The UK’s Greggs Bakery took a hit recently when its logo was hi-jacked via Google’s knowledge graph, causing a short-lived PR nightmare for the brand.
Anyone searching “Greggs” on Google UK would have seen a knowledge graph box that included what appeared to be the brand’s logo, but with the accompanying fake slogan “Providing sh*t to scum for 70 years.”
The fake logo was sourced from the satirical website uncyclopedia.com, a questionable resource for Google knowledge graph data.
Here’s a screen shot of Google UK’s knowledge graph displaying the fake Greggs logo:
Fortunately, the brand was on top of the issue and brought it to Google UK’s attention in an amusing exchange on Twitter.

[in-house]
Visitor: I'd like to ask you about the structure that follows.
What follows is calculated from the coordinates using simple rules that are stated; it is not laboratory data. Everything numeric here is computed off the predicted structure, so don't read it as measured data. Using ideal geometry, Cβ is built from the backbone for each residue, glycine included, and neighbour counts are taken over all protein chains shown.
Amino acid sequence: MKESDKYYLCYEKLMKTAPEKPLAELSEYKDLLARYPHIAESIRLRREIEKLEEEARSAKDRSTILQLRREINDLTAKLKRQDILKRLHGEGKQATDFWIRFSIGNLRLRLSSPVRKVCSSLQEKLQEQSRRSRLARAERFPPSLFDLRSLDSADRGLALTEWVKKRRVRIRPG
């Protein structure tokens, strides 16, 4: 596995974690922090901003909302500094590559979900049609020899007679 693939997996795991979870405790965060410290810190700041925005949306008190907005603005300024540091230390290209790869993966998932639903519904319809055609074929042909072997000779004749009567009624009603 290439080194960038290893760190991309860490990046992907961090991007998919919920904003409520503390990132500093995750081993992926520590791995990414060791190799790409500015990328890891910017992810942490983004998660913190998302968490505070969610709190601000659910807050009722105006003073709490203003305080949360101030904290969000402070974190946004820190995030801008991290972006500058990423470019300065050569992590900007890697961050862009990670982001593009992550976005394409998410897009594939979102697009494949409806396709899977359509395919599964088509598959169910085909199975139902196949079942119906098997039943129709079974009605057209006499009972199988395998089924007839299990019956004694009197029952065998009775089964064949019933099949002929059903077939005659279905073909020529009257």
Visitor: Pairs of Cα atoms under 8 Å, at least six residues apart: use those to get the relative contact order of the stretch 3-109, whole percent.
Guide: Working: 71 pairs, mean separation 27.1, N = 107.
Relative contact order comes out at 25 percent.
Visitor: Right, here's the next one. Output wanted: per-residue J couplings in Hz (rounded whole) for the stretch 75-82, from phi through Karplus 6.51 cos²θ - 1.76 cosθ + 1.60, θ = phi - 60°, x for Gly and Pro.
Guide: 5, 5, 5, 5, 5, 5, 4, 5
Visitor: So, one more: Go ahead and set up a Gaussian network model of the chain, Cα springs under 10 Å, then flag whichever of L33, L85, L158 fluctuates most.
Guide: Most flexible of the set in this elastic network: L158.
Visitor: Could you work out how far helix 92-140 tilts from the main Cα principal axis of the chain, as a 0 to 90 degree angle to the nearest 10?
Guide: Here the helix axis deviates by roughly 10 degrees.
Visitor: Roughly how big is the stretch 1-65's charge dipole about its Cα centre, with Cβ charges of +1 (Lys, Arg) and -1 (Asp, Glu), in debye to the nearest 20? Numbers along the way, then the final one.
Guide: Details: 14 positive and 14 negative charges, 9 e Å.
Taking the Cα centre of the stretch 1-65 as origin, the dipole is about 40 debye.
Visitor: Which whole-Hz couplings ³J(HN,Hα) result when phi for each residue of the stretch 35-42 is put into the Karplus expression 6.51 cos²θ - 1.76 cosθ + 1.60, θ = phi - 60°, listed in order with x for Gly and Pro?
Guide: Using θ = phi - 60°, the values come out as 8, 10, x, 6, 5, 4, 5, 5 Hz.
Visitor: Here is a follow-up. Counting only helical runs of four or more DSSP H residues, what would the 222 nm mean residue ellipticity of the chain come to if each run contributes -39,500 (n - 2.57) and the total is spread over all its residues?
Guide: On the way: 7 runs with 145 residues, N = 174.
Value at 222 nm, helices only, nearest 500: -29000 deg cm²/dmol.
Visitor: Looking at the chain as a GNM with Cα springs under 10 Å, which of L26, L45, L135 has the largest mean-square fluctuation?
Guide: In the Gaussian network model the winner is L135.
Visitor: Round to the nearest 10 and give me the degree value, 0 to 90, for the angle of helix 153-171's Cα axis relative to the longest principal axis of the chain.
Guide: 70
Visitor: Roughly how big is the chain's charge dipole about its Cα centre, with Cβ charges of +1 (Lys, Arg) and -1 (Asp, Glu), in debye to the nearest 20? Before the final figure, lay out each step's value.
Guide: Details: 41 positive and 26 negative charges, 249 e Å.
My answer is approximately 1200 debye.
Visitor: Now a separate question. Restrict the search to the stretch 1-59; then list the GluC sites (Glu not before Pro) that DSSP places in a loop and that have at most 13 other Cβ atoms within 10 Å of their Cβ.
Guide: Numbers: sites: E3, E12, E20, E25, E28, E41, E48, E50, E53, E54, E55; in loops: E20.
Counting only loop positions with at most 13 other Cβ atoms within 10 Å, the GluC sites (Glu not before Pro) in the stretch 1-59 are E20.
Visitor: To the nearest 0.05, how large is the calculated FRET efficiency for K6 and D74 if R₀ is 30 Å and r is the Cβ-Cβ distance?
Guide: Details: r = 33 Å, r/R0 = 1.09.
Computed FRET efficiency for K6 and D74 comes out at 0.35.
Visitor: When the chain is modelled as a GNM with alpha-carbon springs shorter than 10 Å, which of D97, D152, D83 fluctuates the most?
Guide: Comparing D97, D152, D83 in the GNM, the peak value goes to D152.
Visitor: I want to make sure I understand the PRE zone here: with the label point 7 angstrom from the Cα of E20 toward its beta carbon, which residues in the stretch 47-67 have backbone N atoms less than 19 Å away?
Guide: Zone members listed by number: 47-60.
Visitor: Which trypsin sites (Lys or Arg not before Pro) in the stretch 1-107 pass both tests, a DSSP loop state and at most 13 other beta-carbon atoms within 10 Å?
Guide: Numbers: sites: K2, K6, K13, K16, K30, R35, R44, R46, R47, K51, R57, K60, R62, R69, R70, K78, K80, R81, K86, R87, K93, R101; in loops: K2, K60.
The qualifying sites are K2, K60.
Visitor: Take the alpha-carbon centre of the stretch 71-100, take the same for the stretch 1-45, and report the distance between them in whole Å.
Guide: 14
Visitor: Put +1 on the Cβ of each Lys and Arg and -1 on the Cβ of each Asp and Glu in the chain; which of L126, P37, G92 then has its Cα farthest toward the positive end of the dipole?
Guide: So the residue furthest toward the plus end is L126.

— Google UK (@GoogleUK) August 19, 2014
After Google fixed the issue, Greggs responded with a request for a Greggs Google doodle as compensation for the mix up:
The same thing happened to PC World earlier this year when its logo was replaced with a look-a-like image that read, “PC WORLD: Like hell, but with worse customer service.”
While Google UK quickly remedied the Greggs logo error, the underlying issue here is the PR dilemma resulting from Google’s knowledge graph pulling incorrect information for a business or brand.
Showing up on Google’s front page stops being a good thing when the information displayed reflects poorly on a brand. Being a socially savvy brand, Greggs avoided any long-term damage, but what happens when a company doesn’t have the SEO resources or knowledge to address such issues?
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